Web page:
Republican U.S. Senator Warns Of ‘Sticker Shock’ From Obamacare

WASHINGTON (Reuters) -

Weeks before healthcare exchanges under President Barack Obama’s healthcare overhaul open next month, a Republican senator attacked the plan on Saturday by saying Americans may experience “sticker shock” from higher prices.

Senator John Barrasso said in the weekly Republican address released on Saturday that the Affordable Care Act is hurting middle-class Americans.

“Many families are going to have real sticker shock when they see their new insurance rates – even families who get government subsidies,” Barrasso, an orthopedic surgeon, said.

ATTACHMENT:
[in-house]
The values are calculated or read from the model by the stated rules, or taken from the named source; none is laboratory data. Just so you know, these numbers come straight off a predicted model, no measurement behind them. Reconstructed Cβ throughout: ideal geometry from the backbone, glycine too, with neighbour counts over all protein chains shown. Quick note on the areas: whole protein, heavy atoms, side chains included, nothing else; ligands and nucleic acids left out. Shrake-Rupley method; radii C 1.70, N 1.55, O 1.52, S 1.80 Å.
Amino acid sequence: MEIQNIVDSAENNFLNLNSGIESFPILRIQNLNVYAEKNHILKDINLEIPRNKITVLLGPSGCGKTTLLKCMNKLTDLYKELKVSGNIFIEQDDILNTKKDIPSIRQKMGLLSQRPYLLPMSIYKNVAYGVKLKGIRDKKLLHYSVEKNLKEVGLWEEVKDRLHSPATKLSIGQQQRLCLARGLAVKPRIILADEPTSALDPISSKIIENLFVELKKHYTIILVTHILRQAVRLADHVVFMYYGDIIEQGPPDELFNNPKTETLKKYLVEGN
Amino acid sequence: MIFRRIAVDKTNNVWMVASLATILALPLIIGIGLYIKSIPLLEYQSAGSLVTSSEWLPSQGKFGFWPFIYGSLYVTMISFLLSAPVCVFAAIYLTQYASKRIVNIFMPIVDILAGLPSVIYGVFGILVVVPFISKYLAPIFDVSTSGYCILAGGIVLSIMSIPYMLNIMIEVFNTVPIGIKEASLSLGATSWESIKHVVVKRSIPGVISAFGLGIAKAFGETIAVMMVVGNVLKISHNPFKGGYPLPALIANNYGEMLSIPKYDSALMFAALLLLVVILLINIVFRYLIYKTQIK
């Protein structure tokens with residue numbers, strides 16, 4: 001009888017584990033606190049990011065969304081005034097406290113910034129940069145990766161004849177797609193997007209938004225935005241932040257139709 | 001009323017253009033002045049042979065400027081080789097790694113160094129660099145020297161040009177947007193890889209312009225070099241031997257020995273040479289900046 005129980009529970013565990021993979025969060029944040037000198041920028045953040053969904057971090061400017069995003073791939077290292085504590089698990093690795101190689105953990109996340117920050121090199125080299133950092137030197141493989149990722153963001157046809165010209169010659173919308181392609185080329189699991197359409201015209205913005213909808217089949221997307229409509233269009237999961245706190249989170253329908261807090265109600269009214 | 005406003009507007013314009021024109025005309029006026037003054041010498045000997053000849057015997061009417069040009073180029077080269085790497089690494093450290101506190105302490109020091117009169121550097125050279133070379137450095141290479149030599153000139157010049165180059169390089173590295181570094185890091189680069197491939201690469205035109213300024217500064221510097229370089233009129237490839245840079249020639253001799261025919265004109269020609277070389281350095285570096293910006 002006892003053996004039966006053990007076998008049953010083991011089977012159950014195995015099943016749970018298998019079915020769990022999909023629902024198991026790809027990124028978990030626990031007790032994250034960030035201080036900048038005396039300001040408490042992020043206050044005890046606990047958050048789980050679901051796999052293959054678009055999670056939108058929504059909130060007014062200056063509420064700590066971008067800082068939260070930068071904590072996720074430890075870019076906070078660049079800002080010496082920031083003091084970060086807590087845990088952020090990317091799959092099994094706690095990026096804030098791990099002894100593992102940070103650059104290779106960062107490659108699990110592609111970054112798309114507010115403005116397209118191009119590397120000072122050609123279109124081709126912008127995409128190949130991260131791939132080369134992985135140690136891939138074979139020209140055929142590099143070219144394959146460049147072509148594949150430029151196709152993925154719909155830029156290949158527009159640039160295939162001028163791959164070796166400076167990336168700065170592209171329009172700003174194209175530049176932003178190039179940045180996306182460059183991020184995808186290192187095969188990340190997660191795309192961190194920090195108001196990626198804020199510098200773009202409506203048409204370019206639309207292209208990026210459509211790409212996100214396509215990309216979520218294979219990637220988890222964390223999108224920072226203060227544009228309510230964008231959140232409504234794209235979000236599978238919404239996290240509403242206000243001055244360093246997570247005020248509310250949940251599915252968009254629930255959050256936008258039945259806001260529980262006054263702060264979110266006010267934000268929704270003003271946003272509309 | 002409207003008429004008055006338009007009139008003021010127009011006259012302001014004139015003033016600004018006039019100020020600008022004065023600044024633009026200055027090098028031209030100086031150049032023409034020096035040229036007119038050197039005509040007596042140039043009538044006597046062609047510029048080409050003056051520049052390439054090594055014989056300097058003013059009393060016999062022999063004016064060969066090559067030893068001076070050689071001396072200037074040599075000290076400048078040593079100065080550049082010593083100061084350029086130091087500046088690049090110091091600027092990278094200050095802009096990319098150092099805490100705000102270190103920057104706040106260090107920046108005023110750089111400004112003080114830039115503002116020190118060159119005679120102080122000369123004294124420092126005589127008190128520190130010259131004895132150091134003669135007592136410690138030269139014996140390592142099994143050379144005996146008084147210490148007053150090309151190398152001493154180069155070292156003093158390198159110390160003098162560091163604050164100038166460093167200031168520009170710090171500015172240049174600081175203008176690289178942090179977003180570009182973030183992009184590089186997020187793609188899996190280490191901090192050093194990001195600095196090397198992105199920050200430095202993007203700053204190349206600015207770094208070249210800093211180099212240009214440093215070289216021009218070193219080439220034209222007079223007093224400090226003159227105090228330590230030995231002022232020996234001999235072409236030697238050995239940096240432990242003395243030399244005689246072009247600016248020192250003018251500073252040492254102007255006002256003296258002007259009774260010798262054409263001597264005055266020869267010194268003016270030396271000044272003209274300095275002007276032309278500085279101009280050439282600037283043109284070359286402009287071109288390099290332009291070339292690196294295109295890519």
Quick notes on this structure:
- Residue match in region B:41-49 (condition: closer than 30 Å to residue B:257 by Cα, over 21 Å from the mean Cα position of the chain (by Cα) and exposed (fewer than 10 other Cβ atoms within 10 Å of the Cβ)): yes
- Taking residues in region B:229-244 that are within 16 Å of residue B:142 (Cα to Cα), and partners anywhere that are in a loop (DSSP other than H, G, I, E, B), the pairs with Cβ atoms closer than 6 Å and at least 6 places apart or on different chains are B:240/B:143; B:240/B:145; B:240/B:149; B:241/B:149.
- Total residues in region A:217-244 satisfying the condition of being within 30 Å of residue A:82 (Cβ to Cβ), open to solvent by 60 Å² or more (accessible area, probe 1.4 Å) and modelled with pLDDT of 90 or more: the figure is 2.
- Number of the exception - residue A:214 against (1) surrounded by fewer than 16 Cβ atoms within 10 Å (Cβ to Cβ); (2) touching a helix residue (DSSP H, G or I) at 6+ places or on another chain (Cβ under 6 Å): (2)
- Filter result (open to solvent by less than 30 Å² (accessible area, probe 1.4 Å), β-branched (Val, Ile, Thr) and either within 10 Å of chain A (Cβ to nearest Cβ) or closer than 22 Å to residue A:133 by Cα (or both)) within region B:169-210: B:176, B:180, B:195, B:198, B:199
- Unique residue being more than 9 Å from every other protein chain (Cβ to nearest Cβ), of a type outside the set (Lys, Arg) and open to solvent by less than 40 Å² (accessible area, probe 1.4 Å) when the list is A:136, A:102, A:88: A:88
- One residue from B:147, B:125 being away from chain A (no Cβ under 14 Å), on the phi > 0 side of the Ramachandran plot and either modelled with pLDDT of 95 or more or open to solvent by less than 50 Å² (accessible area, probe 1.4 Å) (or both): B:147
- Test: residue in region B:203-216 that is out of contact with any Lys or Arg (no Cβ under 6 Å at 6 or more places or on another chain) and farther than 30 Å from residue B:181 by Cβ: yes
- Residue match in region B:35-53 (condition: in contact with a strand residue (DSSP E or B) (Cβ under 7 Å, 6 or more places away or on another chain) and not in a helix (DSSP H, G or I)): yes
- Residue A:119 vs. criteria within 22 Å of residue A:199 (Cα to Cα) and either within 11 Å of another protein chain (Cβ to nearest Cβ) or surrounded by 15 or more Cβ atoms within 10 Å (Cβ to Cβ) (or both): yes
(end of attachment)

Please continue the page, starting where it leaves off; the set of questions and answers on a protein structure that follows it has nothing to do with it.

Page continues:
A White House official disputed Barrasso’s characterization, citing studies showing that repealing the healthcare law would lead to higher rates.

Consumers will be able to buy health insurance from state exchanges – a key component of the healthcare overhaul – starting on October 1. The exchanges allow residents of each state to seek subsidized health coverage.

The government aims to sign up 7 million people in the first year. That number is expected to grow to 22 million in 2016, according to the Congressional Budget Office.

Republicans are bitterly opposed to the healthcare plan, which passed without a single Republican vote in Congress in 2010 and is seen by Obama’s supporters as one of his greatest achievements as president.